ITAL9059 Italian Language Stage 3A
Aims and Objectives
The aim of every language course at the University is to enable you to communicate in your target language (TL) at that particular level and in your particular area of interest. We use the word ‘communicate’ in its widest sense, meaning that you will not only be able to talk to people in the language but also to develop your proficiency in listening, reading, and writing. This means that the module aims for you to understand all the things which affect communication in that language, including knowledge of how the language is used, how it works and how to analyse it, and the cultural contexts in which it is spoken. Successful completion of the full Stage 3, over 2 semesters, is approximately equivalent to reaching Level B2 of the Common European Framework, between Levels 2 and 3 of the National Language Standards, Grade A or B at A Level. Taking this single semester module at Stage 3 will take you part of the way to the outcomes of the full Stage. You are encouraged to take a full language Stage if you want to make significant progress in the language you are learning. After completing this single semester module, as a competent language user at the midpoint of Stage 3, and after a notional 150 hours of study time (class contact plus independent learning), you should have skills, knowledge and understanding in the areas outlined below. These are expressed in terms of what you should know and/or be able to do by the end of this module.
Knowledge and Understanding
Having successfully completed this module, you will be able to demonstrate knowledge and understanding of:
- Language learning strategies - Use a bilingual dictionary and standard grammar reference book to check grammar and a range of vocabulary, and to extend your knowledge.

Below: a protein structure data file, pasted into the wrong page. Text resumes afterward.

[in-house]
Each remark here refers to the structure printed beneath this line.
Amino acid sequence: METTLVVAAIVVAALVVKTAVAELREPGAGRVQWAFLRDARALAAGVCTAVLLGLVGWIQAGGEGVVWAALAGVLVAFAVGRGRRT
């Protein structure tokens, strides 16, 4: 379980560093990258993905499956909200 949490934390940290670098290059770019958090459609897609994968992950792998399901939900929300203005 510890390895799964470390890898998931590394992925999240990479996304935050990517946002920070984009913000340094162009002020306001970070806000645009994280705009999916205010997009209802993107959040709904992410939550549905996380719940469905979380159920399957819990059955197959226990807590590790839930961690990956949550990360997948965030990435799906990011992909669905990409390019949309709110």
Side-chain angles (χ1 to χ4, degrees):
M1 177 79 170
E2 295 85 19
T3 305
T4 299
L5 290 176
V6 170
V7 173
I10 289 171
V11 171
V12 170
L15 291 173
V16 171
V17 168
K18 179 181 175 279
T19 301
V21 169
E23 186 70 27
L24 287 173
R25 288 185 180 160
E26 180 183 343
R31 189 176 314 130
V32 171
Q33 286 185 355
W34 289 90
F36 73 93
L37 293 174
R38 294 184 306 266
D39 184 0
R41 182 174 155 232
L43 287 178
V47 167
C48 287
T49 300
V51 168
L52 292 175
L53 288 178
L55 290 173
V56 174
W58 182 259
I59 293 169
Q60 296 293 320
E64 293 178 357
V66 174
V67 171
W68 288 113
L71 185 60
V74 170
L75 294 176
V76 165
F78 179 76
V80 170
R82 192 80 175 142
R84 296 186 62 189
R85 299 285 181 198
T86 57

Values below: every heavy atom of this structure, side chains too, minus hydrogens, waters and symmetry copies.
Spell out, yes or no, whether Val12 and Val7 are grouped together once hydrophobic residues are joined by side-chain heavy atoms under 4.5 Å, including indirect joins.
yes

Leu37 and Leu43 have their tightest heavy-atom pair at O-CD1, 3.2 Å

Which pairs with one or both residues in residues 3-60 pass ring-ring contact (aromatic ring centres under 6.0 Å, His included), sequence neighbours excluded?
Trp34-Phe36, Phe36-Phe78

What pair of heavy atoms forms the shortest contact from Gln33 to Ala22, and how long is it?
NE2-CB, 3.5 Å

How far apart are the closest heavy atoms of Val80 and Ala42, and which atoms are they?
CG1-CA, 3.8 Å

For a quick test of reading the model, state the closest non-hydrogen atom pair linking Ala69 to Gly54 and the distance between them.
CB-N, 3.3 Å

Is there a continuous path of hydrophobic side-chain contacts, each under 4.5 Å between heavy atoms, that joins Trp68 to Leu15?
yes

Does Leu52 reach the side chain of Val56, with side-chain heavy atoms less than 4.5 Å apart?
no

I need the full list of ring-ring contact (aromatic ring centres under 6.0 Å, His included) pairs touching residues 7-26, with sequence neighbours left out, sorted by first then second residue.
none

- Language knowledge and awareness - Have reasonable command of the basic grammatical structures of the TL and some complex ones.
- Language knowledge and awareness - Have command of a range of vocabulary on familiar and some specialised topics.
- Language knowledge and awareness - Know sufficient metalanguage (terminology), where necessary in English, to understand and construct a range of grammatical and lexical descriptions.
- Have a basic understanding of appropriate interactional behaviour and intercultural differences in such behaviour
- Have an in-depth knowledge of aspects of the target language culture relevant to your studies, such as social issues and current events or topics of current interest in, for example, technology, law, art.
- Language Learning Strategies - Reflect upon your language learning style and progress, and start to set appropriate learning goals
- Language Learning strategies - Use a repertoire of skills in using resources for independent language learning in order to practise and extend vocabulary, grammar and pronunciation and the productive and receptive learning outcomes of this Stage. This repertoire to include using a monolingual dictionary, and a range of learning tasks with authentic video/aural/print materials and computer-based resources.
- Language learning strategies - Be prepared to take risks in trying out the language and start to monitor your performance.
- Language learning strategies - Read, watch or otherwise engage with current media in the TL on a regular, if limited, basis.
- Communication strategies - Negotiate meaning and opinions appropriately with another TL user on familiar topics, and also on some specialised ones.
- Communication strategies - Deploy a range of reading and listening skills which enable you to understand the main points and gist of written and spoken language on familiar topics, and also on some specialised ones.
- Language knowledge and awareness - Identify and produce with some accuracy most individual TL sounds and some sound sequences.
- Language knowledge and awareness - Be aware of a limited range of registers.
Transferable and Generic Skills
Having successfully completed this module you will be able to: